Identification of a dichotomy in morphological predictors of rupture status between sidewall- and bifurcation-type intracranial aneurysms

Clinical article

Merih I. Baharoglu M.D., Alexandra Lauric Ph.D., Bu-Lang Gao M.D., Ph.D. and Adel M. Malek M.D., Ph.D.
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  • Cerebrovascular and Endovascular Division, Department of Neurosurgery, Tufts Medical Center and Tufts University School of Medicine, Boston, Massachusetts
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Object

Prediction of aneurysm rupture likelihood is clinically valuable, given that more unruptured aneurysms are being discovered incidentally with the increased use of imaging. The authors set out to evaluate the relative performance of morphological features for rupture status discrimination in the context of the divergent geometrical and hemodynamic characteristics of sidewall- and bifurcation-type aneurysms.

Methods

Catheter 3D rotational angiographic images of 271 consecutive aneurysms (101 ruptured, 135 bifurcation type) were used to assess the following parameters in 3D: maximum diameter (Dmax), height, height/width ratio, aspect ratio, size ratio, nonsphericity index, and inflow angle. Univariate statistics applied to the bifurcation, sidewall, and combined (bifurcation + sidewall) sets identified significant features for inclusion in multivariate analysis yielding area under the curve (AUC) and optimal thresholds in the receiver-operating characteristic. Furthermore, a computational fluid dynamics analysis was performed to evaluate the flow and wall shear stress conditions inside sidewall and bifurcation aneurysms at different inflow angles.

Results

The mean Dmax, height, and inflow angle were significantly greater in ruptured sidewall aneurysms than in unruptured sidewall aneurysms, but showed no difference between ruptured and unruptured bifurcation lesions. There was a statistically significant difference between ruptured and unruptured aneurysms for all measured features in the combined set. Multivariate analysis identified the following: 1) nonsphericity index as the only rupture status discriminator in bifurcation lesions (AUC = 0.67); 2) height/width ratio, size ratio, and inflow angle as strong discriminators in sidewall lesions (AUC = 0.87); and 3) height/width ratio, inflow angle, and size ratio as intermediate discriminators in the combined group (AUC = 0.76). Computational fluid dynamics analysis showed that although increasing inflow angle in a sidewall model led to deeper penetration of flow, higher velocities, and higher wall shear stress inside the aneurysm dome, it produced the exact opposite results in a bifurcation model.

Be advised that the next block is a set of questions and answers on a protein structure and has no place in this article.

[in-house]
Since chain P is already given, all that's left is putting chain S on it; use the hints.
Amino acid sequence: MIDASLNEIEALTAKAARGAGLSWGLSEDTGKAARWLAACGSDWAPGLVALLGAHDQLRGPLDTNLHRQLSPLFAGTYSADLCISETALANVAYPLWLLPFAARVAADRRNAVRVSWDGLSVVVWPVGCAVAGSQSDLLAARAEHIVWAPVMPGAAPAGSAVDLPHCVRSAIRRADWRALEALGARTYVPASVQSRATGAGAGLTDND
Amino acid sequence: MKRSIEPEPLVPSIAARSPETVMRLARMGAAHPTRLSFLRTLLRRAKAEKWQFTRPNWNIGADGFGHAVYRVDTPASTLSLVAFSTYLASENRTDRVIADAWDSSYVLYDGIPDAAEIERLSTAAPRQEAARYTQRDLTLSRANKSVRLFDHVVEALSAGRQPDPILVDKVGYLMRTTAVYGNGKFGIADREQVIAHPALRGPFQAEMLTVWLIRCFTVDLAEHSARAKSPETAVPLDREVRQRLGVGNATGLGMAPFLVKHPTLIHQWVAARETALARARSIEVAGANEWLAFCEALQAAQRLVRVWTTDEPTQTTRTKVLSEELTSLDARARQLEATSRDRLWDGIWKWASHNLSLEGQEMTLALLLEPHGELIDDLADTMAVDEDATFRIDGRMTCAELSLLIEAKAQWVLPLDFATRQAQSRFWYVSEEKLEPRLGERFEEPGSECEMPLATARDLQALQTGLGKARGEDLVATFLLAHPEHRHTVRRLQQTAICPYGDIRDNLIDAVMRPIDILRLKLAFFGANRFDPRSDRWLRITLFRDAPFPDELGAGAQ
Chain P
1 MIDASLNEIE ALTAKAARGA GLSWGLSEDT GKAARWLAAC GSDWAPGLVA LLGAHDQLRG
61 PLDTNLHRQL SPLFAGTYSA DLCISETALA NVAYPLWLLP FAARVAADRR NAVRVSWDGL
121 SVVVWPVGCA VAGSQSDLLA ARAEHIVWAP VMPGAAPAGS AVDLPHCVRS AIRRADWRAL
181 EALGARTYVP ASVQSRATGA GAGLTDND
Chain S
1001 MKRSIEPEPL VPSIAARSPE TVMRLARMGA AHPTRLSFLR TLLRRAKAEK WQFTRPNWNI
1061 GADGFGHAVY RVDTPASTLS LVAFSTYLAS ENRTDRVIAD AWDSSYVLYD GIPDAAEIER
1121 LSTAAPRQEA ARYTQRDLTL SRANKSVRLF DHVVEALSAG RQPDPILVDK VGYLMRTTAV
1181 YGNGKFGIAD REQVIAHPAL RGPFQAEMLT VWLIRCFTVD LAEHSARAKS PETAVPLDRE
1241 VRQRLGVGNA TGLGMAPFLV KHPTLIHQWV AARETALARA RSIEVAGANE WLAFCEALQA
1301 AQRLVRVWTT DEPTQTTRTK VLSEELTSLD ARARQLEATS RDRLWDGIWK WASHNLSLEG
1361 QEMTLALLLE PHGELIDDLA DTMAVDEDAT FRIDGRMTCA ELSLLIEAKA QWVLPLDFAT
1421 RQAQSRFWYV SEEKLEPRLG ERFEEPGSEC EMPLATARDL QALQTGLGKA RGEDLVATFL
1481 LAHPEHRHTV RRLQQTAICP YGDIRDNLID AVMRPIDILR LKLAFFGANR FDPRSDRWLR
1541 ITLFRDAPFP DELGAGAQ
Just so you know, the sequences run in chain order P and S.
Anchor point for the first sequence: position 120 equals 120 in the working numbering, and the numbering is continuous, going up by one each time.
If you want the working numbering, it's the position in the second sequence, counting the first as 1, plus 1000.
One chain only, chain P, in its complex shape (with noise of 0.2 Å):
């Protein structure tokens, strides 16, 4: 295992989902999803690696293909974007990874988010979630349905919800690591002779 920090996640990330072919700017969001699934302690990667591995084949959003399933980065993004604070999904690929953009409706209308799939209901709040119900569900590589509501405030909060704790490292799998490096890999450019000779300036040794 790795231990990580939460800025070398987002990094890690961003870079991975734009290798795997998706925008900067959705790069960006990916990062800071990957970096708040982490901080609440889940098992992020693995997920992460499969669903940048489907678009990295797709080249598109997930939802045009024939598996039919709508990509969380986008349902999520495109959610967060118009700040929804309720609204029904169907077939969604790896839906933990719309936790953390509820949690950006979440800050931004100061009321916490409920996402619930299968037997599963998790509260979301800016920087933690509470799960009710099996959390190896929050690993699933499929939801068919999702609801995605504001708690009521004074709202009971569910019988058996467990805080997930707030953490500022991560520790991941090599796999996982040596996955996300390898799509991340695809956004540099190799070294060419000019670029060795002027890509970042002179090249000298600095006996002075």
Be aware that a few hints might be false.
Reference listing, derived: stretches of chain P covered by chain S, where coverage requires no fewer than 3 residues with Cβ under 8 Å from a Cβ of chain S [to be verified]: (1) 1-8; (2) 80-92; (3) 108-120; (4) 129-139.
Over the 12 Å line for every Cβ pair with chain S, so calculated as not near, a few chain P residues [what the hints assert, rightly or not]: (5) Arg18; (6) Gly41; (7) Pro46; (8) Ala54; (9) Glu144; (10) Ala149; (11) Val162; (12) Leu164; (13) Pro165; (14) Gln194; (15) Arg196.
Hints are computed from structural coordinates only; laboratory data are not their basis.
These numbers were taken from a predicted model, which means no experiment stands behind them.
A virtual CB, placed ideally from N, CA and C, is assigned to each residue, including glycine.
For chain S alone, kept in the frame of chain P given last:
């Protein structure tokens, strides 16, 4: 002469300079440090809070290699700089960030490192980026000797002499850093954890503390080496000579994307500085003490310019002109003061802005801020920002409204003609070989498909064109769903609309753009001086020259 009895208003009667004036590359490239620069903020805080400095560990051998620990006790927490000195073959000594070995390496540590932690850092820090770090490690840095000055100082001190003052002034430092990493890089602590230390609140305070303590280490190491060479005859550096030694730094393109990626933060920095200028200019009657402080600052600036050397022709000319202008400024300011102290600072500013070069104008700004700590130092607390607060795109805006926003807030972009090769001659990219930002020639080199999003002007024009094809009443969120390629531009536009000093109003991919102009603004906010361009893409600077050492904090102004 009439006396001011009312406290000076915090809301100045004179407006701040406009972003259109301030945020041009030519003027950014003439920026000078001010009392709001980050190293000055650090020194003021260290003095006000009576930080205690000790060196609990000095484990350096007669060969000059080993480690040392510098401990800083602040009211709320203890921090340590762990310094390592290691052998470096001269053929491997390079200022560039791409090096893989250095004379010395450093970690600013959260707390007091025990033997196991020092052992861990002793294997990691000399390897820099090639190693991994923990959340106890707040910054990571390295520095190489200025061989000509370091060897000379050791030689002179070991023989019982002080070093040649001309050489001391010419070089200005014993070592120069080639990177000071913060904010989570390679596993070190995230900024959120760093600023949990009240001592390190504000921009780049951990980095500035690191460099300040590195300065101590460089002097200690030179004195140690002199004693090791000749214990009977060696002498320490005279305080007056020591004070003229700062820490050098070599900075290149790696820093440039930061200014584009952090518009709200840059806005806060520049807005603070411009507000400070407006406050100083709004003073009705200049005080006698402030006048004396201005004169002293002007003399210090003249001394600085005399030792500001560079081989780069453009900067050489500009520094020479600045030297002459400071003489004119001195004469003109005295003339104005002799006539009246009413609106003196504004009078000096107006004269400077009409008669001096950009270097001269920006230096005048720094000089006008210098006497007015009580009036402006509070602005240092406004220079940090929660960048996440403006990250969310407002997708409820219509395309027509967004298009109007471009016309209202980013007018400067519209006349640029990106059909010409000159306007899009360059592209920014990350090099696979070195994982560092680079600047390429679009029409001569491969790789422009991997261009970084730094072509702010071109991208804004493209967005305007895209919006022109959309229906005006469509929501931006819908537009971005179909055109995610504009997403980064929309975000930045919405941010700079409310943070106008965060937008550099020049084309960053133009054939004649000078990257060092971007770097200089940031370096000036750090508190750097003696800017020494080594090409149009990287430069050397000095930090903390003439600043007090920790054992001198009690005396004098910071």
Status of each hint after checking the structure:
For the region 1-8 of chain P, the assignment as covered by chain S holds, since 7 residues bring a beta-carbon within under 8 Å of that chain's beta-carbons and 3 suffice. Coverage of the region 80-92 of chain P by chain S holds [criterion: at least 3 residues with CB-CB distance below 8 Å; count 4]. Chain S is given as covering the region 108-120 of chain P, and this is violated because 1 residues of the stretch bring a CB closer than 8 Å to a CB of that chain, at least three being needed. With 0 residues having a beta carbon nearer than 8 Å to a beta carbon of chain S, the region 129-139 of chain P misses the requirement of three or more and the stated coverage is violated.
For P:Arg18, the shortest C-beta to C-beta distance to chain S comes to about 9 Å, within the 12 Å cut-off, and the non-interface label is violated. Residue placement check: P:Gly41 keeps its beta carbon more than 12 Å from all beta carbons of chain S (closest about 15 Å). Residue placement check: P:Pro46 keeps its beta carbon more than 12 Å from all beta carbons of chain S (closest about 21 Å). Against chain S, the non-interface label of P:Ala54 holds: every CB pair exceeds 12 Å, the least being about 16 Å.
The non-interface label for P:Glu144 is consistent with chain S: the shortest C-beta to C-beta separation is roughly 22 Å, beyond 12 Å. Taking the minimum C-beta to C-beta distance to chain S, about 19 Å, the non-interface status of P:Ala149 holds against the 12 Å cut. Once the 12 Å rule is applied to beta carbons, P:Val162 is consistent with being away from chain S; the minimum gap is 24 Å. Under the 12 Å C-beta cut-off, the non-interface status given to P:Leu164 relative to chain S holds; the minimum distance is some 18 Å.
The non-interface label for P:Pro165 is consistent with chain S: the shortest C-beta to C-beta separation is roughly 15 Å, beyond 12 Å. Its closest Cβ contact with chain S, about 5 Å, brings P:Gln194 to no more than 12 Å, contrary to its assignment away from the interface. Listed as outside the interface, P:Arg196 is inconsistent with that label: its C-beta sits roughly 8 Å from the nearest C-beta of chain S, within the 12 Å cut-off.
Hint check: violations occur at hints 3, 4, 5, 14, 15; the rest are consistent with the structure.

Conclusions

Retrospective morphological and hemodynamic analysis point to a dichotomy between sidewall and bifurcation aneurysms with respect to performance of shape and size parameters in identifying rupture status, suggesting the need for aneurysm type–based analyses in future studies. The current most commonly used clinical risk assessment metric, Dmax, was found to be of no value in differentiating between ruptured and unruptured bifurcation aneurysms.

Abbreviations used in this paper:AUC = area under the receiver-operating curve; CFD = computational fluid dynamics; Dmax = largest diameter of aneurysm dome; ICA = internal carotid artery; ISUIA = International Study of Unruptured Intracranial Aneurysms; PCoA = posterior communicating artery; ROC = receiver-operating curve or characteristic.

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Contributor Notes

Address correspondence to: Adel M. Malek, M.D., Ph.D., Department of Neurosurgery, Tufts Medical Center, 800 Washington Street, Boston, Massachusetts 02111. email: amalek@tuftsmedicalcenter.org.

Please include this information when citing this paper: published online January 13, 2012; DOI: 10.3171/2011.11.JNS11311.

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